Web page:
If you find it difficult to switch off after a long day of staring at screens and drinking way too much caffeine, "pink noise" might be the secret to finally getting a good night's sleep.
The calming effect of white noise (a combination of many different frequencies of sound, all playing at the same time) has been known for a while: People who suffer from sleep disorders and sleep-deprived parents and grandparents often use it as a bedtime aid to better help them or their children to drift off.
What’s less widely known, however, is that white isn’t the only sonic "color," as noise can be pink, brown, blue, violet and gray: There is a whole spectrum of noise, classified according to their frequencies.
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A new study published in Frontiers In Human Neuroscience suggests that so-called "pink" noise might be even more conducive to nodding off than white noise. Pink noise has a consistent frequency, with the power per hertz decreasing as the frequency increases. What does this mean for you? It sounds more natural than white noise, and so is arguably more relaxing. As Dr. Phyllis Zee of Northwestern University explained to Time, "the noise is fairly pleasant; it kind of resembles a rush of water. It’s just noticeable enough that the brain realizes it’s there, but not enough to disturb sleep."
The sleep of 13 adults with an average age of around 75 years was monitored over two nights: On one of these nights, the participants listened to pink noise as they went to sleep. Not only did the pink noise result in deeper sleep, it also helped them better complete a memory test: Participants performed three times better than when they had fallen asleep without the noise.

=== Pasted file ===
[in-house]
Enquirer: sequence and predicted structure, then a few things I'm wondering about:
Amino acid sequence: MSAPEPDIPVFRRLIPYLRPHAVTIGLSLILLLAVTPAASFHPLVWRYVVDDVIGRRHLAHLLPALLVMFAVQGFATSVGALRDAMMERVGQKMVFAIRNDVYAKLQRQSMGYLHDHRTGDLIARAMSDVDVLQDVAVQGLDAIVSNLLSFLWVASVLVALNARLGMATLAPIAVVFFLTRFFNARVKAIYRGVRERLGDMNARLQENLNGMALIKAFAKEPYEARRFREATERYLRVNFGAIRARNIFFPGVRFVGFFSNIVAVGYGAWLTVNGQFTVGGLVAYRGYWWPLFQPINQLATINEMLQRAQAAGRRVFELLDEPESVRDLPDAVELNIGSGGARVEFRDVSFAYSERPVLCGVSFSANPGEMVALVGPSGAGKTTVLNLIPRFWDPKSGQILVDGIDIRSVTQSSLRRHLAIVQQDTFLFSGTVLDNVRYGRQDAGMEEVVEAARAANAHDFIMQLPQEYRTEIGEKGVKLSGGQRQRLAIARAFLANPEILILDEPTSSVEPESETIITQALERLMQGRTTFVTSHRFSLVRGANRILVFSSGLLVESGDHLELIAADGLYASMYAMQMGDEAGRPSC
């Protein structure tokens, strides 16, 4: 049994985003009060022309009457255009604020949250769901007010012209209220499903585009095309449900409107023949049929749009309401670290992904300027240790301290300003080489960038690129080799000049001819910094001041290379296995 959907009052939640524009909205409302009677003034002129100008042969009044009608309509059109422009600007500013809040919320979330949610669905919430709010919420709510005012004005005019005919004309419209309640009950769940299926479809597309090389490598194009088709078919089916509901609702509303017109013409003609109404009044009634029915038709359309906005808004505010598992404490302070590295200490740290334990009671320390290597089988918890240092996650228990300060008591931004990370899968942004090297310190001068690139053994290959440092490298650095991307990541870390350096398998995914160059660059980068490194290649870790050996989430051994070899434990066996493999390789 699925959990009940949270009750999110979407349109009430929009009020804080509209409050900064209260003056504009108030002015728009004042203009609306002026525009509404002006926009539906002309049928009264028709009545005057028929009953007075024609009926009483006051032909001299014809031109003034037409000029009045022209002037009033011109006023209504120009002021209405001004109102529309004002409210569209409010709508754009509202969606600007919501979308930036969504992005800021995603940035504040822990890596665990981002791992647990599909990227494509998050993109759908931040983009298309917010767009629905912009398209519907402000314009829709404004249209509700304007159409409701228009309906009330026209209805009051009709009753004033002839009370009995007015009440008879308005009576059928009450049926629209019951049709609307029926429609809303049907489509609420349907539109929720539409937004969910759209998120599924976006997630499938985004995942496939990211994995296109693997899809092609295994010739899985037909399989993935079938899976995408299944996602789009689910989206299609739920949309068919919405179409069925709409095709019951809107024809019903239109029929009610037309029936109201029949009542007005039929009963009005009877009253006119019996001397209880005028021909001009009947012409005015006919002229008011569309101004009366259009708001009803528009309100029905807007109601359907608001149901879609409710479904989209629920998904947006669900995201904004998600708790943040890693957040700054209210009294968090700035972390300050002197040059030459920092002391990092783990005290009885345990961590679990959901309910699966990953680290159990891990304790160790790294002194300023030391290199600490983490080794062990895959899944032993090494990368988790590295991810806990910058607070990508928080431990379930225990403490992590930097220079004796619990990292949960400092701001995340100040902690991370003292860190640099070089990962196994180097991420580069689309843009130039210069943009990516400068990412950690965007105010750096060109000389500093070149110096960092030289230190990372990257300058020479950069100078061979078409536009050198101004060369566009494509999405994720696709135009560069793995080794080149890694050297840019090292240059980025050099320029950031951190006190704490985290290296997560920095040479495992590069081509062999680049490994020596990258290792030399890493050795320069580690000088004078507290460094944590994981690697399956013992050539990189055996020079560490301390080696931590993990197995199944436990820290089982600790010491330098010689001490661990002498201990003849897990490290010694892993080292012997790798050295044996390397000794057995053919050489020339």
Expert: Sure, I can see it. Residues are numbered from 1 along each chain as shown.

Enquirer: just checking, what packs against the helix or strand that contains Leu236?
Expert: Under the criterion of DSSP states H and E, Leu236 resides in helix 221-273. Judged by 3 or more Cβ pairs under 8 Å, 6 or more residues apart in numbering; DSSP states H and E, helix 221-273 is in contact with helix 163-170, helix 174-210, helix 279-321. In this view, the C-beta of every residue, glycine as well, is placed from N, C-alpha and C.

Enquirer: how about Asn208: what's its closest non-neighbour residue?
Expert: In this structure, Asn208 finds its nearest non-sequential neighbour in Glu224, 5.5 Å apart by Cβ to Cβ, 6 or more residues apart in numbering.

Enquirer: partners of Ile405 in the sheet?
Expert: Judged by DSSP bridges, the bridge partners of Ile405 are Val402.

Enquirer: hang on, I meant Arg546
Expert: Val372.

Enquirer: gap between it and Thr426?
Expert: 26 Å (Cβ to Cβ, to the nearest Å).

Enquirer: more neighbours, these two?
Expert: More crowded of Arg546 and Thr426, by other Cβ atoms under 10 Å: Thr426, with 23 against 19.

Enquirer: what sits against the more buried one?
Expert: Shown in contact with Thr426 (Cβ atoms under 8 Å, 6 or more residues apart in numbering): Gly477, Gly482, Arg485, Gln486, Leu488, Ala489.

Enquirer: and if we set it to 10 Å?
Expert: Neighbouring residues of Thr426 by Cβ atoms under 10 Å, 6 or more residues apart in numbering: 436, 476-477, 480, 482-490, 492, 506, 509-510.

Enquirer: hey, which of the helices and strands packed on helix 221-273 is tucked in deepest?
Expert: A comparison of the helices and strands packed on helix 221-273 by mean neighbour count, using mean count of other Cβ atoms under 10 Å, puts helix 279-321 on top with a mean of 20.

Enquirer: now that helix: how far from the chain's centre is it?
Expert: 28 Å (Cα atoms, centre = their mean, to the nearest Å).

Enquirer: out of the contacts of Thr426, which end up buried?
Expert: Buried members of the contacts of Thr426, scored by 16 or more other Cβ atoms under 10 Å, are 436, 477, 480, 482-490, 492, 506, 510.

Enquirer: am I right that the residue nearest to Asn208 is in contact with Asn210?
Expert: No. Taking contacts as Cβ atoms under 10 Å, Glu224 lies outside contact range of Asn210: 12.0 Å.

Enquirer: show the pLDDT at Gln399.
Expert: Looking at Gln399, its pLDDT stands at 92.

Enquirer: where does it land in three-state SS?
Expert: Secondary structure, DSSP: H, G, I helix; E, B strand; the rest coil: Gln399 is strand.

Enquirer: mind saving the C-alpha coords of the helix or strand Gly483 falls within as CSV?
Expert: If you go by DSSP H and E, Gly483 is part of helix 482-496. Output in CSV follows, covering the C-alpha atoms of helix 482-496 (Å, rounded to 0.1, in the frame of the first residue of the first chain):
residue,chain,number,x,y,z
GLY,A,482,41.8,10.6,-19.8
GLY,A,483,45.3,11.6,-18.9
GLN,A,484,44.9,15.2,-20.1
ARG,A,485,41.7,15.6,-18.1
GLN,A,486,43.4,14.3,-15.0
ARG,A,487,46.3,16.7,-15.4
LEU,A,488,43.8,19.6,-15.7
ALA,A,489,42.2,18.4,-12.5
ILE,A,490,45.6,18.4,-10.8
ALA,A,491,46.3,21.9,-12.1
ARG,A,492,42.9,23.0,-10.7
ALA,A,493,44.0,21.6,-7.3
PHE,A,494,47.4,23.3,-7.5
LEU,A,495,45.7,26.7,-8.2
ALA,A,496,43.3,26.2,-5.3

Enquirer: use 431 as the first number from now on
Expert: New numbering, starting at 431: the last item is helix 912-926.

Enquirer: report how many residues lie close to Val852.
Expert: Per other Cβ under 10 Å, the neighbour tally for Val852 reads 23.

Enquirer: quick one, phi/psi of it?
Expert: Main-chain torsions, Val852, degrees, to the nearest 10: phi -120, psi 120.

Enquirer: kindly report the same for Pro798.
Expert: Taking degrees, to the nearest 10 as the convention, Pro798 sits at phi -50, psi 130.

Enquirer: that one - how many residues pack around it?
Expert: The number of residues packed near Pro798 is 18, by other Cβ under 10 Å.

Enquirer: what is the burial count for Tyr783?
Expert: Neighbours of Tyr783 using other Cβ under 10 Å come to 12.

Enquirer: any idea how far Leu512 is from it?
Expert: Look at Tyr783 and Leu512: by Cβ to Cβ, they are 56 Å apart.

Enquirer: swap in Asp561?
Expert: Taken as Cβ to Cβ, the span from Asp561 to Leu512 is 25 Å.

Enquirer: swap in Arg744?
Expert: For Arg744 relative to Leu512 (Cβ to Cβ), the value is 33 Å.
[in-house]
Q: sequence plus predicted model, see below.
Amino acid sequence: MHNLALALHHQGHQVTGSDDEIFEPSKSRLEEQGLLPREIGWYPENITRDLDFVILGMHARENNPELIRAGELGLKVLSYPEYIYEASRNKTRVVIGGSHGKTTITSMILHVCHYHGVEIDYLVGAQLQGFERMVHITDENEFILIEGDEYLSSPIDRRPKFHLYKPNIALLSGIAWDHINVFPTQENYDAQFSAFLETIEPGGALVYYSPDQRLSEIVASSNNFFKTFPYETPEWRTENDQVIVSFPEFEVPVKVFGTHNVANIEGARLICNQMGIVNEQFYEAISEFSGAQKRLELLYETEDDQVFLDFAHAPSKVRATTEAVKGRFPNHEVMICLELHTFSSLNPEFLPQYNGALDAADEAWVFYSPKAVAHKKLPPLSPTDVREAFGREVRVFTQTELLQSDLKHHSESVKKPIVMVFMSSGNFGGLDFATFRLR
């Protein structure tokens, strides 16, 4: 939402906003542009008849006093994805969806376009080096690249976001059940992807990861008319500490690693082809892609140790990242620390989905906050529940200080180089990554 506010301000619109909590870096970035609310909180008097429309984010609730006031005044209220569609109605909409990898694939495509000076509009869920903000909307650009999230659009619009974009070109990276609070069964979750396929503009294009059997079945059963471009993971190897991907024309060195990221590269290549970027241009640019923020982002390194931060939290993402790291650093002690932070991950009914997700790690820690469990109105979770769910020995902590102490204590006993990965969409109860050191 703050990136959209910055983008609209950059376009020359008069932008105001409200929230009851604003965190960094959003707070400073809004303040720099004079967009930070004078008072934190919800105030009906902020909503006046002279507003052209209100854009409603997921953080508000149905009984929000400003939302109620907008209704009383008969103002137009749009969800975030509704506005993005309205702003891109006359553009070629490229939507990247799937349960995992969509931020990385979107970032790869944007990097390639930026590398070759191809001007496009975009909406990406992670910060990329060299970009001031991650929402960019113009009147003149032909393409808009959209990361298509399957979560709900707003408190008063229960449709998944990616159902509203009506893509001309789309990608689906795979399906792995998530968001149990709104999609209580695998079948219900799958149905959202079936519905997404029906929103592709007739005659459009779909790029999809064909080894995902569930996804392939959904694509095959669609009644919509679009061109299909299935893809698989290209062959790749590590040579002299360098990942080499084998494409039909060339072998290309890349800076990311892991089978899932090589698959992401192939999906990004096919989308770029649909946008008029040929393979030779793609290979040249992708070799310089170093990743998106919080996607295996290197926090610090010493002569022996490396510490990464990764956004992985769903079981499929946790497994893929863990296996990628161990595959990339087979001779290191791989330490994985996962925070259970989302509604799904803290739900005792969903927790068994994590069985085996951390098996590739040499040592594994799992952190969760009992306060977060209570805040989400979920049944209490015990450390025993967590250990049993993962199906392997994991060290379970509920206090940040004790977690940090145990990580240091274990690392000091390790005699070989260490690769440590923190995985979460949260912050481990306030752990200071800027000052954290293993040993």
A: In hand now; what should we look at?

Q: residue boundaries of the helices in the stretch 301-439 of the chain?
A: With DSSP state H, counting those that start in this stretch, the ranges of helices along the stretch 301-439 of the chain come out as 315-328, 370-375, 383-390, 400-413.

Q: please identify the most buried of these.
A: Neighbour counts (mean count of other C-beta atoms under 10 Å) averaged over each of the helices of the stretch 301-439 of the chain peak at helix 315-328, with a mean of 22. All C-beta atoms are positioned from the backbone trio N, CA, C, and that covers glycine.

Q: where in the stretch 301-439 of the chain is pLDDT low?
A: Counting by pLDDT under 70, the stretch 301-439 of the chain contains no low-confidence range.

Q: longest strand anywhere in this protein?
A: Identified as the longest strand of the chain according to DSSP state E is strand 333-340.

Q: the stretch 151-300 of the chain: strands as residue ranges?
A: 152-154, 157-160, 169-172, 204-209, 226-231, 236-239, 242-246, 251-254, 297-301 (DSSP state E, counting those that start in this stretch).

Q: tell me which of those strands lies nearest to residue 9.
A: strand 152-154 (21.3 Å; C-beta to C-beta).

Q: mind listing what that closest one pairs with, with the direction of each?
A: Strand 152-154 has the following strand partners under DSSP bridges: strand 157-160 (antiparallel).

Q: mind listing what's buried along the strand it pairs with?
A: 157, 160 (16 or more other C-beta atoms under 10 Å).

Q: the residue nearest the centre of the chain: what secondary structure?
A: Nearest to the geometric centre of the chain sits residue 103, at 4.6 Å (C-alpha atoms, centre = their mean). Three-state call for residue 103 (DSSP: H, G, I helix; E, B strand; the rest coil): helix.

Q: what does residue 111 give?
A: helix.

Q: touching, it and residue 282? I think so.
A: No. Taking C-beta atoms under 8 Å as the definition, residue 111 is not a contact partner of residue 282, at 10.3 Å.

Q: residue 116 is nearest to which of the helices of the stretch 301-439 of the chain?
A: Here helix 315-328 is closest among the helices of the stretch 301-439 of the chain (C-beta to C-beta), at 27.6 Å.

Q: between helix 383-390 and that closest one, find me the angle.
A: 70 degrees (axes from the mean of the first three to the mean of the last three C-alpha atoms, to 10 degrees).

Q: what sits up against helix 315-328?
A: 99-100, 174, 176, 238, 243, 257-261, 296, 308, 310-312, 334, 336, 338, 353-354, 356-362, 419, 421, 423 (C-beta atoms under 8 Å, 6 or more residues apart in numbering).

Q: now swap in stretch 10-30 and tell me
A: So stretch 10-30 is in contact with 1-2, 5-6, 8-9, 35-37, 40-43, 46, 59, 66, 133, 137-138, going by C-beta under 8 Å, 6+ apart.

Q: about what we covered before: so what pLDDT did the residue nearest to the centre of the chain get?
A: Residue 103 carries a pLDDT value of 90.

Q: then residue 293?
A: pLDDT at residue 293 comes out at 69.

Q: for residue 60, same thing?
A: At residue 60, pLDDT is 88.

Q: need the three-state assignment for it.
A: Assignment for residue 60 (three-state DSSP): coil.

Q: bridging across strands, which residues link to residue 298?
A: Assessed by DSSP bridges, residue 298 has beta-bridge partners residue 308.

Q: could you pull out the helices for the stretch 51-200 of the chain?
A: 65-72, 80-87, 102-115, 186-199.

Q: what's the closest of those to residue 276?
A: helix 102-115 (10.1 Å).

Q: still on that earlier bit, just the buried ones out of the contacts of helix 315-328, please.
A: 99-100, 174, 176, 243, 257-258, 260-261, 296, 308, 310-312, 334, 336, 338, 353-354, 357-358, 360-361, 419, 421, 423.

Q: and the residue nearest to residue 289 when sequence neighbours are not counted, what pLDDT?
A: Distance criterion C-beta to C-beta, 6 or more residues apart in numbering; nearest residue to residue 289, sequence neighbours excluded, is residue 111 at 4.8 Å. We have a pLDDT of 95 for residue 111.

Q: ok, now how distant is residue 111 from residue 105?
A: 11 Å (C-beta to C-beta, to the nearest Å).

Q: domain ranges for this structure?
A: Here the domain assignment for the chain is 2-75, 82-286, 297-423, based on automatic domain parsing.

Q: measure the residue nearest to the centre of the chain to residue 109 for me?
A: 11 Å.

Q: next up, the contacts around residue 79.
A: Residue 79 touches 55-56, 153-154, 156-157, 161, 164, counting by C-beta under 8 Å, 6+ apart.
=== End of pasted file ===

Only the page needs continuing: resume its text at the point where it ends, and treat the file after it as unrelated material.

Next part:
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For Zee, the positive benefits of pink noise are down to the way the sounds match up with the slow wave oscillations of deep sleep. "The effect here, at least for memory, is quite related to the ability of the sound stimulus to enhance slow-wave sleep," she explains.
If you’re keen to test out pink noise for yourself, head to YouTube: You’ll find hours of sound that you can schedule for the night. Sweet dreams…
This post was written by Katie Rosseinsky. For more, check out our sister site Grazia.
Are aches from arthritis or overworked muscles stopping you from falling asleep? Try applying gentle pressure with your thumb to specific points on your hand, a technique called "self-shiatsu." Canadian scientists say it's so effective at soothing pain and making you drowsy that some study volunteers actually fell asleep while doing it!